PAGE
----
Intro – what is this and why?
I strongly believe that to improve as a leader or at anything in this life you need to reflect on yourself. You need to be willing to dig up those failures and put them up on a wall to analyse what you did wrong, why you did it and what you could do better. This is what I plan on doing using this blog. Every week I am going to dive into my work as a leader and identify where I can improve. I will be honest in order to learn and to hopefully inspire others to learn and grow as well.
To read more about the importance of feedback and retrospectives check this post out!
This week was my wedding anniversary of 4 years! Exciting times. So I thought I would do something a little different and highlight what my wife has taught me over the last year in terms of strengths and weaknesses. I think I have been really blessed as I have a life-long partner who is always open, caring and candid. She always gives me open and honest feedback which I value greatly.
Marriage has actually taught me a lot about emotional intelligence. My wife thinks differently to me, she experiences different emotions, in different ways and in different circumstances. I have learnt to be a good listener and can now better anticipate her emotional triggers. I now have a good grasp of how a particular action or circumstance will make her feel. I believe this has translated well into my leadership abilities and allowed me to really come alongside my team, grasp their pain points and how they feel, allowing me to build a firm foundation of trust.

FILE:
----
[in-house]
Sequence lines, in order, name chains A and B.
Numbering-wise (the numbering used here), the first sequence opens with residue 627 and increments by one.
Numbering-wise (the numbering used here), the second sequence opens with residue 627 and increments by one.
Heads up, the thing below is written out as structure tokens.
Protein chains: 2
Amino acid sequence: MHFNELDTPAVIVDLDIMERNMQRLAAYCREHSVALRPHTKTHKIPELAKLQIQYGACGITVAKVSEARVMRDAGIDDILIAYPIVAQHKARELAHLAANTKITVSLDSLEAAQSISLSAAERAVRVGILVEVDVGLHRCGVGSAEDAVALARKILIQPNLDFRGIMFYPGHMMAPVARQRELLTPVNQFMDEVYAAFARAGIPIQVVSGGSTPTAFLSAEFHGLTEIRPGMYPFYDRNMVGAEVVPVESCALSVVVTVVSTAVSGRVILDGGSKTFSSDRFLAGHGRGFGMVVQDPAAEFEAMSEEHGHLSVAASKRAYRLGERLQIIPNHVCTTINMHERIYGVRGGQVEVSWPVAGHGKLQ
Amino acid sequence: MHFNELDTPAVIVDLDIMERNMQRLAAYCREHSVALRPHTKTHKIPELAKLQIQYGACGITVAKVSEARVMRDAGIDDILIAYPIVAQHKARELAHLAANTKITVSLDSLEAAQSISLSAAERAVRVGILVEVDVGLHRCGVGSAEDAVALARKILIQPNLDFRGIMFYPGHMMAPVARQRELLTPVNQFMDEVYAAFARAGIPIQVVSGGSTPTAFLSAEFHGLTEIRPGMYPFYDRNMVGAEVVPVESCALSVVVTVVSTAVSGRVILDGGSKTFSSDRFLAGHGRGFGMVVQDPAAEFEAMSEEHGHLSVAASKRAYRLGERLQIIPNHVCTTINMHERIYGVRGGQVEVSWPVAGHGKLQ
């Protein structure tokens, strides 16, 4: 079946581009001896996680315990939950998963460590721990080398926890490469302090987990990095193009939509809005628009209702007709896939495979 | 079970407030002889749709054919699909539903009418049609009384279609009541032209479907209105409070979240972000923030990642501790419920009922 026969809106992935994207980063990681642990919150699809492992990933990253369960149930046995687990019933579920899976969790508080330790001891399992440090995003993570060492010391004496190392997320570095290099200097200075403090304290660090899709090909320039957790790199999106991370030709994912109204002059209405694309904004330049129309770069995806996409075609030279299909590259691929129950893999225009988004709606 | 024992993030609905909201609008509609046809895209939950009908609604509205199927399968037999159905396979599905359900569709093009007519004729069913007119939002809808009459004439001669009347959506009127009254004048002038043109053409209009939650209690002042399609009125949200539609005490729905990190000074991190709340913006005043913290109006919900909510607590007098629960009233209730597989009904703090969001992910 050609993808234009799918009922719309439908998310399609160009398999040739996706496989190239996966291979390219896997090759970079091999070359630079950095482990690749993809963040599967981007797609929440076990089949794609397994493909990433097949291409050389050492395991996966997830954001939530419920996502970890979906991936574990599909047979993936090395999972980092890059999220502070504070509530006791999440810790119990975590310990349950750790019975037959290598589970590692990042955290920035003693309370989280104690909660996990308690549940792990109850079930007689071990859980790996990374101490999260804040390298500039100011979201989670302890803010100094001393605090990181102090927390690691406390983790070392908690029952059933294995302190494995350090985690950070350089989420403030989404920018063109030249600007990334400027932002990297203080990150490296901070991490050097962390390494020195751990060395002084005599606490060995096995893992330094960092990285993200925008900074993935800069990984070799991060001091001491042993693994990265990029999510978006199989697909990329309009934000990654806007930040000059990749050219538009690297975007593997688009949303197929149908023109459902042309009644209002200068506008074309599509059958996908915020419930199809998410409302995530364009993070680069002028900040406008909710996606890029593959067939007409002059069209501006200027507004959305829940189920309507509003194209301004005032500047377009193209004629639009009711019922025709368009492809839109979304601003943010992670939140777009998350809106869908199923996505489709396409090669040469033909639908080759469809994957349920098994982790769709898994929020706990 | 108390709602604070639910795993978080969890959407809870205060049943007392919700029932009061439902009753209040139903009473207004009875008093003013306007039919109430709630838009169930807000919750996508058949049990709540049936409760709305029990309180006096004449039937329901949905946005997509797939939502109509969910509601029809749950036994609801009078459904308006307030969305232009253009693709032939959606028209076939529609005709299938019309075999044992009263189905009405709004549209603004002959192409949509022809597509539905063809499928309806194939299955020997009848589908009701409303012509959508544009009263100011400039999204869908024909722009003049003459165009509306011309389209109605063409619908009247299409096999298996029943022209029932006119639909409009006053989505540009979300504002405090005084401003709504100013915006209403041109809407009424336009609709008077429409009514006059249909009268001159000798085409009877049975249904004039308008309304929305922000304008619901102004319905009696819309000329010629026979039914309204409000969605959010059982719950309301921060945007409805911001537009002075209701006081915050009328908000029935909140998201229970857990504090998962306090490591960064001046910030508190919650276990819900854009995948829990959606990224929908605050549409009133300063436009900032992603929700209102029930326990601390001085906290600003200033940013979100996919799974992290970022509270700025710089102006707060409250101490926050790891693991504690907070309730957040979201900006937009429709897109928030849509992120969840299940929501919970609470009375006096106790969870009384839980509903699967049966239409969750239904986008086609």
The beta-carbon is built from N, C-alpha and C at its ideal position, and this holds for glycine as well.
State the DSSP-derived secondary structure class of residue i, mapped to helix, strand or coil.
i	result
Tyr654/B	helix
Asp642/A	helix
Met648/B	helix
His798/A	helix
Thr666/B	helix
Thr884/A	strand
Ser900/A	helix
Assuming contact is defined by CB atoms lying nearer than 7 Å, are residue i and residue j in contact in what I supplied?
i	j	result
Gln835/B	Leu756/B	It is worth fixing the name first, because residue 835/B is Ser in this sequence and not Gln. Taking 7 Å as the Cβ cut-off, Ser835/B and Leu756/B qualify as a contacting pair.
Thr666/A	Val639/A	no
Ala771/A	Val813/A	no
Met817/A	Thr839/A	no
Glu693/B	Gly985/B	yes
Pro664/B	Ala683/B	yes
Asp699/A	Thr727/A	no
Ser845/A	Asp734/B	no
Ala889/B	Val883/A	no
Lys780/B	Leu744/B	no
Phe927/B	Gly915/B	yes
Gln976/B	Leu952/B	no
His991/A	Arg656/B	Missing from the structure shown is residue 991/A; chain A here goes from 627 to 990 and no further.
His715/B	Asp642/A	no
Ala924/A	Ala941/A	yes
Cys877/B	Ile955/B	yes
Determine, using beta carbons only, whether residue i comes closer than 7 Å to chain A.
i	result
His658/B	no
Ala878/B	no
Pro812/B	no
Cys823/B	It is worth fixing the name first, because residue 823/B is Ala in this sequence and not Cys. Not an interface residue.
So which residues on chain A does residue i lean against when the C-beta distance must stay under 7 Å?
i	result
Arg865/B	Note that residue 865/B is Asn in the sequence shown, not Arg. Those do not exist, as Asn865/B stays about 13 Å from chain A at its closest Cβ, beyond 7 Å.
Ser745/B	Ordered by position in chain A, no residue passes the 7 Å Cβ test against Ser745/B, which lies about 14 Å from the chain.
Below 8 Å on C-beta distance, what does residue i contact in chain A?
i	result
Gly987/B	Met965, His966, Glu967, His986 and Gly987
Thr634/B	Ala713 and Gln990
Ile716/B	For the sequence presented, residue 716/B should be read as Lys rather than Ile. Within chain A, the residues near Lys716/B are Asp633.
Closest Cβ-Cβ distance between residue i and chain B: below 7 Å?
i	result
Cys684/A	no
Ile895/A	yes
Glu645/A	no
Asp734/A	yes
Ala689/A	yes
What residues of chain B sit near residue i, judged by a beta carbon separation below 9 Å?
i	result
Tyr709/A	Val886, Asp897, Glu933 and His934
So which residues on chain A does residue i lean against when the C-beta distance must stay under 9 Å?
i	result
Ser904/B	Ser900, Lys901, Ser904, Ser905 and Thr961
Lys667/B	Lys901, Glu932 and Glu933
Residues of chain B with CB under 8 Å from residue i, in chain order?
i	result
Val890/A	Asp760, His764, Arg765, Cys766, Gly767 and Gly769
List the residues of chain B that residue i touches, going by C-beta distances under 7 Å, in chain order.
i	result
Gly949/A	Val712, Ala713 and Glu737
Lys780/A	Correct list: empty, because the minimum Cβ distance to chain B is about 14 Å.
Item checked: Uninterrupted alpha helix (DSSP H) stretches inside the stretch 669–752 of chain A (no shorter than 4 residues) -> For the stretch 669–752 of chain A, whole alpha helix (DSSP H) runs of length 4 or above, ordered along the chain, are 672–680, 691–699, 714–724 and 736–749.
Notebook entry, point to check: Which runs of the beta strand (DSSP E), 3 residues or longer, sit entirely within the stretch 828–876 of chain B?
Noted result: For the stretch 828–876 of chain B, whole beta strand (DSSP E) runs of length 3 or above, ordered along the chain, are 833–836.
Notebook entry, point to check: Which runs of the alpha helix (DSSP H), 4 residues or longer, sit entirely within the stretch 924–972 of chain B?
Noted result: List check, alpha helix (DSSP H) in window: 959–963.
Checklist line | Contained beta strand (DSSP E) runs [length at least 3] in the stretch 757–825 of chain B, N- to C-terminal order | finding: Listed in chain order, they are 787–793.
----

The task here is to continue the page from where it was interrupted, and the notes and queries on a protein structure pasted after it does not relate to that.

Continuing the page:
Read some more about how you can become better at emotional intelligence here – it really is a central aspect to effective leadership and works hand in hand with effective communication.
Arrogance. I think generally I am quite humble but I can be very arrogant with regards to my intellect. In my marriage, I can make my wife feel patronised or disregarded because my arrogance lifts me up on a pedestal and says I know best. This can be super destructive to relationships, especially when leading teams. If I let my arrogance dictate decisions and solutions then I will forsake great ideas that the team might come up with and will actually decrease our chances of success. In Ray Dalios principle 3.2e he says this:
“Recognize that to gain the perspective that comes from
seeing things through another’s eyes, you must suspend
judgment for a time—only by empathizing can you properly
evaluate another point of view.”
Basically, in order to see things from someone else’s view, you must suspend your opinions and your judgement. Leave your own ideas at the door and immerse yourself in the other person’s view. If you don’t then you might be inclined to butt in and invalidate someone’s perspective. I think one way I can do this is to just spend more time listening and not be too hasty to provide my views no matter how much better I might think they are. It is important to actually try and understand and immerse myself in someone’s perspective before starting to tell them why my way is better.
Swans are weddingee right? Well here is a swan ugly duckling…